Tuesday, August 12, 2008

COMPOST, GUNS, GLOVES, AND BOOTS

Here's an email I got this morning. This man is serious. We need serious people to make it as survivalists. Michael.
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Michael - I'm glad you liked it. I must admit I was a little thrilled to have mention in your Sunday post (I assume it was my e-mail you referenced, though maybe that's just my ego... don't spoil it for me if you don' have to!).

I'm up to date with you and Rawles as far as reading the blogs -- trying to go back and read some of Mayberry and Dragon. I don't know how you keep up every day -- I've been crazy busy at work (a blessing I don't take for granted in this economy), which makes it even harder. Then, there's actually prepping, not just reading about it! Not enough time in the day, so I'm glad to hear you commenting that this might just be the "dress rehearsal" coming up.

Speaking of the web sites, do you ever wander over to the Alpha Rubicon? (http://www.alpharubicon.com/) Warlord has been at it for a long time -- I was reading his website when I was stationed in Germany in the 90's, so at least over 10 years. He and his crew seem to have it together pretty well.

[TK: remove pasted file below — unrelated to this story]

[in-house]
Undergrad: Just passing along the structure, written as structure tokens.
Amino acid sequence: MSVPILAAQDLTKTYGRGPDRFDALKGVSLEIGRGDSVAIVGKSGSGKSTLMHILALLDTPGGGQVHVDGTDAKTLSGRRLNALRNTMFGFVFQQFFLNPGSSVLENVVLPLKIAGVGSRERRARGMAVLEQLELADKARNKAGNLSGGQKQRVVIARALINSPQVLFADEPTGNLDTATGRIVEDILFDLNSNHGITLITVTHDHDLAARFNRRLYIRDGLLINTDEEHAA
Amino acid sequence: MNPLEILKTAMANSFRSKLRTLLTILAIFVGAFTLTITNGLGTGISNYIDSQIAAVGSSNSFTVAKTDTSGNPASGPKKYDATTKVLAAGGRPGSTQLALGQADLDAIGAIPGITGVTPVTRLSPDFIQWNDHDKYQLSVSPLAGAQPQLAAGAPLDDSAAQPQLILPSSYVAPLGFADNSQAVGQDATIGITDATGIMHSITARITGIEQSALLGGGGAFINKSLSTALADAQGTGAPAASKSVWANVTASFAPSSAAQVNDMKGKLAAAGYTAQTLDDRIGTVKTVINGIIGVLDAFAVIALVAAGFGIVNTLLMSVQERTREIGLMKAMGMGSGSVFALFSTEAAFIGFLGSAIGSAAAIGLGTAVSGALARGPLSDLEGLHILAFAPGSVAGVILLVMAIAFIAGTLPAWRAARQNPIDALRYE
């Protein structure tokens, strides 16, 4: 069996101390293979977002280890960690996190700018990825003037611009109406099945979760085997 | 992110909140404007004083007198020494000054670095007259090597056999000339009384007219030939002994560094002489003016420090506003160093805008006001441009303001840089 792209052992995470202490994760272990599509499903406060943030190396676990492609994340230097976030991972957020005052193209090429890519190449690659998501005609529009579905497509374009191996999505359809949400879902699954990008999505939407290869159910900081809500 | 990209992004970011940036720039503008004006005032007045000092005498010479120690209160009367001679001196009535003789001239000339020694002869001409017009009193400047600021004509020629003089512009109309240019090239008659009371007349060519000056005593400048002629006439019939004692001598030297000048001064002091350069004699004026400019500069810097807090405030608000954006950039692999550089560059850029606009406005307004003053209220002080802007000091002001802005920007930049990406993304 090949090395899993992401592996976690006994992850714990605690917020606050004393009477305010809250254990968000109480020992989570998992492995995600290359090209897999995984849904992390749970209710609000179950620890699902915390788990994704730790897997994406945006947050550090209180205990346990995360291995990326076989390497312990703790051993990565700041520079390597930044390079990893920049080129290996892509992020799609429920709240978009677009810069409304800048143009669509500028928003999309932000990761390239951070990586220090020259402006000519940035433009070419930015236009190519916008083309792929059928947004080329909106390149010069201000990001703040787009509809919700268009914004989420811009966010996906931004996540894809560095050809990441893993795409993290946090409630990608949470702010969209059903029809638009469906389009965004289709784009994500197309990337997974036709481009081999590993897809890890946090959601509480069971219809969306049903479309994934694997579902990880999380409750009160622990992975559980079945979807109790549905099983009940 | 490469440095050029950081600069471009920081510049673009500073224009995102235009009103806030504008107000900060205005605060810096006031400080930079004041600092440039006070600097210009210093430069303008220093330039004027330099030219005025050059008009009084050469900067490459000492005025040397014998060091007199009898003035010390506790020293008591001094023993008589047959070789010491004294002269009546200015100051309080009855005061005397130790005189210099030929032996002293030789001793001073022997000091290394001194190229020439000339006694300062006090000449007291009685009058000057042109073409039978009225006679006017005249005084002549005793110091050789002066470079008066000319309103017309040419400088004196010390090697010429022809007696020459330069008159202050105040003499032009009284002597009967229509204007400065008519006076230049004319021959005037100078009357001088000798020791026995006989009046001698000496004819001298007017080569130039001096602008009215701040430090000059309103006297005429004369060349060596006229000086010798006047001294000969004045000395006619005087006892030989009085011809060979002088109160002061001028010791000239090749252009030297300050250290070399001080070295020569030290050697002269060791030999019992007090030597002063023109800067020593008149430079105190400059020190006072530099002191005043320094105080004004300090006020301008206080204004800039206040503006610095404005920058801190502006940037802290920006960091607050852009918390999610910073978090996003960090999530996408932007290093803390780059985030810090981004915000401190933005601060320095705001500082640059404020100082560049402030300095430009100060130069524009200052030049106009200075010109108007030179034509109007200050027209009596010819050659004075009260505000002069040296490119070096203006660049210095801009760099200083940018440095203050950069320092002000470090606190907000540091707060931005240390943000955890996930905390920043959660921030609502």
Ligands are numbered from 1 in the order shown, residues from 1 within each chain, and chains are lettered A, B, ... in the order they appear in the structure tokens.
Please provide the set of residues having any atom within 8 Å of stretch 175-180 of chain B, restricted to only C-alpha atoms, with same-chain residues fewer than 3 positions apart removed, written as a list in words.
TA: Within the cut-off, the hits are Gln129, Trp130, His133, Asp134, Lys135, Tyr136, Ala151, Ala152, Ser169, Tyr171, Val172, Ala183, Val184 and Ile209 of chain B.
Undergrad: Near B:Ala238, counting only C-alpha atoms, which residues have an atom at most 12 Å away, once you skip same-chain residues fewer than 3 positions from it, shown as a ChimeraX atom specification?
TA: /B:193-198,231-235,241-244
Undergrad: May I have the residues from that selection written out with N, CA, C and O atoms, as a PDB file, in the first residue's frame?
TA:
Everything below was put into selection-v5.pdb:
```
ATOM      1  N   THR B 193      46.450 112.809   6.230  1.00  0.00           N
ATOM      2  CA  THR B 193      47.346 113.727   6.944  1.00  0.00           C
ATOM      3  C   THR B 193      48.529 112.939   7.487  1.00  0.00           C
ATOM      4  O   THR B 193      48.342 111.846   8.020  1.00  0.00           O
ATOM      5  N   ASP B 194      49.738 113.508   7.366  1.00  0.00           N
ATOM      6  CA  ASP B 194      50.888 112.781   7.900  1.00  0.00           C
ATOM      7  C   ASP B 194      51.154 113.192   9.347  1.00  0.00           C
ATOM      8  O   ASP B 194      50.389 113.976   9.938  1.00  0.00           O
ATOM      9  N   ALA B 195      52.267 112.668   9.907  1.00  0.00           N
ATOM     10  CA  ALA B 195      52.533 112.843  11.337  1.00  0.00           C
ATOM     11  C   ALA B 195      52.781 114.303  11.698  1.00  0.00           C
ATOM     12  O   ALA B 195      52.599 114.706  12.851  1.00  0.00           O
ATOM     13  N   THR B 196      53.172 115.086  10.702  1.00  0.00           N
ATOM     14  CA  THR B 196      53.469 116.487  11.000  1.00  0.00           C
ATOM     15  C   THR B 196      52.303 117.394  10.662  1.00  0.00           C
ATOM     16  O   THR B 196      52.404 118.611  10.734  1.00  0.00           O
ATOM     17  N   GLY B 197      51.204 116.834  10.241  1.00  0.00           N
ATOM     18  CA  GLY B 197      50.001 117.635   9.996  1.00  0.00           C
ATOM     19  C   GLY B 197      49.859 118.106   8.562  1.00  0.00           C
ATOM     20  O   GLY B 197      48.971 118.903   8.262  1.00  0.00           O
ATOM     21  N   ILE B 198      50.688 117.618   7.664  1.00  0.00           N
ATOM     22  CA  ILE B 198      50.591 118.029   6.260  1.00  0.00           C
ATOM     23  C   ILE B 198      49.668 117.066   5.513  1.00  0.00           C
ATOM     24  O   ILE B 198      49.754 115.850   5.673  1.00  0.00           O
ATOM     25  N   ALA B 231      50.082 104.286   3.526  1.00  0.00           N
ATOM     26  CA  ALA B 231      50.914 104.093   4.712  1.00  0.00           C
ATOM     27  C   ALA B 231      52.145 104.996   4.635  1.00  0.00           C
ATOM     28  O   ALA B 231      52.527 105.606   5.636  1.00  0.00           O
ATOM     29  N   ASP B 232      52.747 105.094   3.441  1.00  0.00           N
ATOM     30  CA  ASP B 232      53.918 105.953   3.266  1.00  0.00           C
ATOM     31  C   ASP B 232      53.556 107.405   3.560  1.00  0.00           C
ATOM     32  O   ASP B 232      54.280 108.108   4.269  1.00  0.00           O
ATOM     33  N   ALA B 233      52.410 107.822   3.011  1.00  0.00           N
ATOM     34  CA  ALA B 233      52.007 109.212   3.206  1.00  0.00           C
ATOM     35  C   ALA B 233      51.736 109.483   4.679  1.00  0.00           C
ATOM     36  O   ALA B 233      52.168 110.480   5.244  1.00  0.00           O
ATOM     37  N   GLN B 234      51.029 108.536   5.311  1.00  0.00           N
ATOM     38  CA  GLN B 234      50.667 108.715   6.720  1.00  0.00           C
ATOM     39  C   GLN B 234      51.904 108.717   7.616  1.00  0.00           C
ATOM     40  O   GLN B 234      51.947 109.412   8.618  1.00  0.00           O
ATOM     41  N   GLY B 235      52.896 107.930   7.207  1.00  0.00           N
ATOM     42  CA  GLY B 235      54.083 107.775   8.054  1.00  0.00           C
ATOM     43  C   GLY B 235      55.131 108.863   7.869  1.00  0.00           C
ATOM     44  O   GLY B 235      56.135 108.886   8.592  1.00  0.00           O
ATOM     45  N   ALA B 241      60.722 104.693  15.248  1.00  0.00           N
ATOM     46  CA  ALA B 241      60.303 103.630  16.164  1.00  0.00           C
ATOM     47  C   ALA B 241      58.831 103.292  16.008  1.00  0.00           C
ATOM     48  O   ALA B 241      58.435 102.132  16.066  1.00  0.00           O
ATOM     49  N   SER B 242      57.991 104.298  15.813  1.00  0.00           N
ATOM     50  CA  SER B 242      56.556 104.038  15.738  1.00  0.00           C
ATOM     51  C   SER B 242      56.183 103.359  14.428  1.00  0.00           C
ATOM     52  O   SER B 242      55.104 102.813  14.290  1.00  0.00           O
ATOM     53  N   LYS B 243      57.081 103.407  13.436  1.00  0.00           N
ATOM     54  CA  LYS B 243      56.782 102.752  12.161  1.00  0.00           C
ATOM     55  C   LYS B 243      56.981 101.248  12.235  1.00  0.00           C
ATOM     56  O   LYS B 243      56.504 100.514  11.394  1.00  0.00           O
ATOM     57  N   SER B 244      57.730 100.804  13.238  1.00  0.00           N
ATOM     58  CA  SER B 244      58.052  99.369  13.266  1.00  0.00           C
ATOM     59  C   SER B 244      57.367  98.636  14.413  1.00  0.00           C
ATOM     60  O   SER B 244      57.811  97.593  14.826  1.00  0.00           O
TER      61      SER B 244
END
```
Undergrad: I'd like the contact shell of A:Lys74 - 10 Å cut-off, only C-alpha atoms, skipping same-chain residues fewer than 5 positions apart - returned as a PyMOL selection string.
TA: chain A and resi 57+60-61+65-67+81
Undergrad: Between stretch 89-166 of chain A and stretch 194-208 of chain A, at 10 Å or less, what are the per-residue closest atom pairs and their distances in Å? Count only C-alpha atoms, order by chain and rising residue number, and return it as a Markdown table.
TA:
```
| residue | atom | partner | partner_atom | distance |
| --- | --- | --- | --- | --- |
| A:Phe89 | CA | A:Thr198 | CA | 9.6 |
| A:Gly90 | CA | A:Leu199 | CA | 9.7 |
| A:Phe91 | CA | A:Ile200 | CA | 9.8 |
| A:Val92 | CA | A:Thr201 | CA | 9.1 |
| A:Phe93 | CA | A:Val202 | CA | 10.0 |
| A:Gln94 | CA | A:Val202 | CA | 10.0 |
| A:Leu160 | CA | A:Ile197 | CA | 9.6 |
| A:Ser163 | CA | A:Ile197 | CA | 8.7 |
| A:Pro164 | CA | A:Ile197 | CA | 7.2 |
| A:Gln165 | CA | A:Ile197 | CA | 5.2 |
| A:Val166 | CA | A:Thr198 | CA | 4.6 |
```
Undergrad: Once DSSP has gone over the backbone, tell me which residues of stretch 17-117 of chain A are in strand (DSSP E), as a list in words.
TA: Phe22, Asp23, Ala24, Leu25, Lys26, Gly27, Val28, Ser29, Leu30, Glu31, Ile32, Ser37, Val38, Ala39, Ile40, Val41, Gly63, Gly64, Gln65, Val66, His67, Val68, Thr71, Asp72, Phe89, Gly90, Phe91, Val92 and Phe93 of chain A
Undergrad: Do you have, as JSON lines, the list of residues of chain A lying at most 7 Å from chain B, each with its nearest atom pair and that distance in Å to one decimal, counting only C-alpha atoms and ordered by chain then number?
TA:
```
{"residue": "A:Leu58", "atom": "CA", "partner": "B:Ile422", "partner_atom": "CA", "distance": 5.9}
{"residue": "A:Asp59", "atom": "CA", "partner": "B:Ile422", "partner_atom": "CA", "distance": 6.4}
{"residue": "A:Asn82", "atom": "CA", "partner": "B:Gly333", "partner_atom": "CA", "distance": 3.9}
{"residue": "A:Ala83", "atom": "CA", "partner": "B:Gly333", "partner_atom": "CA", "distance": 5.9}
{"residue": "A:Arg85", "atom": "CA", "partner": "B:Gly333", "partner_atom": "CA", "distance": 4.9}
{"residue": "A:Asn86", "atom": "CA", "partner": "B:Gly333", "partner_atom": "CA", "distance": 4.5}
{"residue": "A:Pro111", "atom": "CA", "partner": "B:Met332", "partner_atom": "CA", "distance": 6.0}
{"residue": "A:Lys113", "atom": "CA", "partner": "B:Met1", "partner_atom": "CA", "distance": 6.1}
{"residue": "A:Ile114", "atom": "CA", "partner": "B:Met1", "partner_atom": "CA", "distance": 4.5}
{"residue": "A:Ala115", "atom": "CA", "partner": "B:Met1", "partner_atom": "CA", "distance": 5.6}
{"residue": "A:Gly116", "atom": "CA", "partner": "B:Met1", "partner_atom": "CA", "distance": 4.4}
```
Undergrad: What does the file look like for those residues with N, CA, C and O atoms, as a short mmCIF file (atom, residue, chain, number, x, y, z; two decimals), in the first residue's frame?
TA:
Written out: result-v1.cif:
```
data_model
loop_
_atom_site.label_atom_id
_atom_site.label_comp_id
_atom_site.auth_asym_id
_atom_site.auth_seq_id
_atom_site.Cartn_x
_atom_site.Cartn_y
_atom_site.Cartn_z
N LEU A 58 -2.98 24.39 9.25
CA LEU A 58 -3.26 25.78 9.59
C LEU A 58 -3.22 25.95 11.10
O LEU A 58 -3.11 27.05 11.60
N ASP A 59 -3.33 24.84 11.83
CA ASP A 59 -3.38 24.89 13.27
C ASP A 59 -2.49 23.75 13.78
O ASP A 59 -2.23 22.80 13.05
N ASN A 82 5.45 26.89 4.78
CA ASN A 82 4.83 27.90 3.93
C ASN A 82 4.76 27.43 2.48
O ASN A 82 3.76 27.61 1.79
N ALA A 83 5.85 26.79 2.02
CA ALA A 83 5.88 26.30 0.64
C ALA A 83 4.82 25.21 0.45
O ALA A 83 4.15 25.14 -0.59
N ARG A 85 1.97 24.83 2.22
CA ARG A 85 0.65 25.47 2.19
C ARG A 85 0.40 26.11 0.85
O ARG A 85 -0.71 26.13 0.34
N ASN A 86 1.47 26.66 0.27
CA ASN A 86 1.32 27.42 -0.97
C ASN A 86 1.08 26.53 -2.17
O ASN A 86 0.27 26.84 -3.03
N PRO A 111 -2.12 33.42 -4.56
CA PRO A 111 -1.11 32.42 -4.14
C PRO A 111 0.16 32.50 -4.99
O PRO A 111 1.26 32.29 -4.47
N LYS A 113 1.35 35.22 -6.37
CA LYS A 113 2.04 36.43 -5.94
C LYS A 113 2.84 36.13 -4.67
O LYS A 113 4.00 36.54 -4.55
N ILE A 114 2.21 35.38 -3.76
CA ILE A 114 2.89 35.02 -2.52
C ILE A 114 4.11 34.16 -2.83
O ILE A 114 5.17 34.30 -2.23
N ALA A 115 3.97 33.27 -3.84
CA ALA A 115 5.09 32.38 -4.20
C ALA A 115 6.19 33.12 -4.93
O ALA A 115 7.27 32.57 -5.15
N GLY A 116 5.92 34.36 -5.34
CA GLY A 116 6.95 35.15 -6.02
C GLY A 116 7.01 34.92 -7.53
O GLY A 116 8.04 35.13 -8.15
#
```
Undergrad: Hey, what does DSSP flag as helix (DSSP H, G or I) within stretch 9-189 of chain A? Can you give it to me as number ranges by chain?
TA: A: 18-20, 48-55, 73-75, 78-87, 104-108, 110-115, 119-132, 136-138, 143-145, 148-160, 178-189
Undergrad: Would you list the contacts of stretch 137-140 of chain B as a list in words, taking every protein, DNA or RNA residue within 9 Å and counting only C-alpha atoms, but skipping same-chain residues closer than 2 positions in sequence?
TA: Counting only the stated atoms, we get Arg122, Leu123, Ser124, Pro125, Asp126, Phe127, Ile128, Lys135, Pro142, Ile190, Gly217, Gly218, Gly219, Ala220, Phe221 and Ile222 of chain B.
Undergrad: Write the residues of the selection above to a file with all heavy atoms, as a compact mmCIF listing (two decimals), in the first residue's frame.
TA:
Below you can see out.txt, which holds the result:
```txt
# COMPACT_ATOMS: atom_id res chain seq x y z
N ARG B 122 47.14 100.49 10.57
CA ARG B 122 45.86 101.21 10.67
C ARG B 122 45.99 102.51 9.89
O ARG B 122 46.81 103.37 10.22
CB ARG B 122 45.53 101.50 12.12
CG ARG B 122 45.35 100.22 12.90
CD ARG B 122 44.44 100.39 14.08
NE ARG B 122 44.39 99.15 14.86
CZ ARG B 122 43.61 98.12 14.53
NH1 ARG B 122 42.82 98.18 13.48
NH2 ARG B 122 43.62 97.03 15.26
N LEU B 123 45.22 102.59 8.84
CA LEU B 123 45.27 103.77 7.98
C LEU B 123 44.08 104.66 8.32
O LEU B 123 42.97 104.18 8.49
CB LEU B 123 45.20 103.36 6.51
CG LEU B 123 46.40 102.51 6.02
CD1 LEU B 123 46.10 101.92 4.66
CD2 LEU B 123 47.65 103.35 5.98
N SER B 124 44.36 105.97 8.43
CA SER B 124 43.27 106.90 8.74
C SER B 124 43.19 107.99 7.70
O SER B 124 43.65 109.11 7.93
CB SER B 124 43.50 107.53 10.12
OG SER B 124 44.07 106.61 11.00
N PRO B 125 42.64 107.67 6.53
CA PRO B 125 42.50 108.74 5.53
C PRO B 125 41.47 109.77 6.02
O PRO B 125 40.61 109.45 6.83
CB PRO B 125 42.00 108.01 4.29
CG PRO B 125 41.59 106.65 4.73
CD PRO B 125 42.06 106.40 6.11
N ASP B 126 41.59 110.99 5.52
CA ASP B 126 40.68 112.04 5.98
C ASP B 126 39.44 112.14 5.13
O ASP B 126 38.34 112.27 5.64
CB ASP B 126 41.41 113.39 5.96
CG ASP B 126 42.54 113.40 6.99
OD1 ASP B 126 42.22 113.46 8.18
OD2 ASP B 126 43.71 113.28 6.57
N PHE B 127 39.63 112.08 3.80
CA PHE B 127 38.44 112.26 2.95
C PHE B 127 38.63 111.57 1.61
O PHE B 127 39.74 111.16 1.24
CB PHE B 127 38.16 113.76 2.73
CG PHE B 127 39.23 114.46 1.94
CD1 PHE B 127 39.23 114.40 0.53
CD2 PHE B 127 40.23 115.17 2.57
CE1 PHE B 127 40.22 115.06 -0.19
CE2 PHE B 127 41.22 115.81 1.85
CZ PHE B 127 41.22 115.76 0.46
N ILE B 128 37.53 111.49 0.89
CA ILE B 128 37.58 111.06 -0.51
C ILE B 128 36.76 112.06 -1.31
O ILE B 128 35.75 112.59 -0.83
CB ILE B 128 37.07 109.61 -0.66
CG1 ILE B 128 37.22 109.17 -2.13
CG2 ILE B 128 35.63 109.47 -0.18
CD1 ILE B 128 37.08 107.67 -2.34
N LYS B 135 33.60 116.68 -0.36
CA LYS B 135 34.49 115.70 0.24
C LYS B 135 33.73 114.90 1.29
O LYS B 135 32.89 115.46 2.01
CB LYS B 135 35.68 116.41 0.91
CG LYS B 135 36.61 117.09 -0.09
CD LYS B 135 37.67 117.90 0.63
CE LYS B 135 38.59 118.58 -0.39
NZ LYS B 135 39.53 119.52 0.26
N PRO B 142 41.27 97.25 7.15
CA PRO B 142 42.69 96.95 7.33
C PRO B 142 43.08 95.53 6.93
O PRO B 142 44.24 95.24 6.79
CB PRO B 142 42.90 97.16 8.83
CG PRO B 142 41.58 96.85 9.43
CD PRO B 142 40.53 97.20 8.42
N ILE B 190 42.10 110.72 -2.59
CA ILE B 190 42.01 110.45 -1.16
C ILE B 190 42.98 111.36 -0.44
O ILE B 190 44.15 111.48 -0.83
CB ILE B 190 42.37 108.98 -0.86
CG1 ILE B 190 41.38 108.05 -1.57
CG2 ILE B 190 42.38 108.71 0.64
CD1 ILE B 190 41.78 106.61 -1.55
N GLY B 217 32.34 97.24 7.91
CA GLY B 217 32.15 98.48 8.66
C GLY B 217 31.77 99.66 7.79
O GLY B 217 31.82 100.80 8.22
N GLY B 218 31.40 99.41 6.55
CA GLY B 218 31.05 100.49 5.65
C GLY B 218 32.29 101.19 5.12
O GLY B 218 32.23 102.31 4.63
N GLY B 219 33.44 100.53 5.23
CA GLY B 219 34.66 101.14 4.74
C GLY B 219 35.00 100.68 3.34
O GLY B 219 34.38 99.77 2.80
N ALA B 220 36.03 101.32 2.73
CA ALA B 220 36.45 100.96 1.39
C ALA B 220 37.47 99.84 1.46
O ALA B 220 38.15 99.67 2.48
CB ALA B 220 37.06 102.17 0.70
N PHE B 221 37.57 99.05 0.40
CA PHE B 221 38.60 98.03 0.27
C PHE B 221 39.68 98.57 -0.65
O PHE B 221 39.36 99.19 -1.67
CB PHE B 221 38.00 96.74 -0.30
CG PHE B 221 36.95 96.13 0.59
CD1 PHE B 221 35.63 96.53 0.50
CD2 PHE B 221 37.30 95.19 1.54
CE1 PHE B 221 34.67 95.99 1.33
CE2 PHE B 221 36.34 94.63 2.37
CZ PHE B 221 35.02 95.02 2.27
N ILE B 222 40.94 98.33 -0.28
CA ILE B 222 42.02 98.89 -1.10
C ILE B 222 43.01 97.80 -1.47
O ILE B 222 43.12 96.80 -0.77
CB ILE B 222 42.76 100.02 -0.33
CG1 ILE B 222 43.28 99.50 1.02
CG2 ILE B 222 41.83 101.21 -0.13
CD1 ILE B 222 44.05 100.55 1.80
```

God be with you and the Handmaiden - I hope to be able to keep dropping you a note now and then.

A Man
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I read a piece this morning about someone who need compost for their garden spot. You just can't do any better than compost unless you go to all worm castings. The trick is to produce a meaningful supply of the stuff. If you make it properly you can use 2" a year added to your soil. You have to remember things like green=nitrogen and brown =carbon. You want to add as much green material to your compost as possible. You can add amendments to your compost. Lime dust is good. Dolomite dust is better. Green sand is good. Blood meal is good. Bone meal is good. Fish emulsion is good. Just remember that you are fixing a meal for your plants to eat and it is to nourish them so they can nourish you. Just make sure you let it finish before you add it to your garden plot. If it is not finished then it will use your soil's natural nutrients to finish composting. You won't get any benefit that way, until it is done. If you are going to grow a big survivalist garden then make a big pile of compost. Turn it, water it, and let it finish. It will be cool and of the consistency of cake when it is done. Apply generously.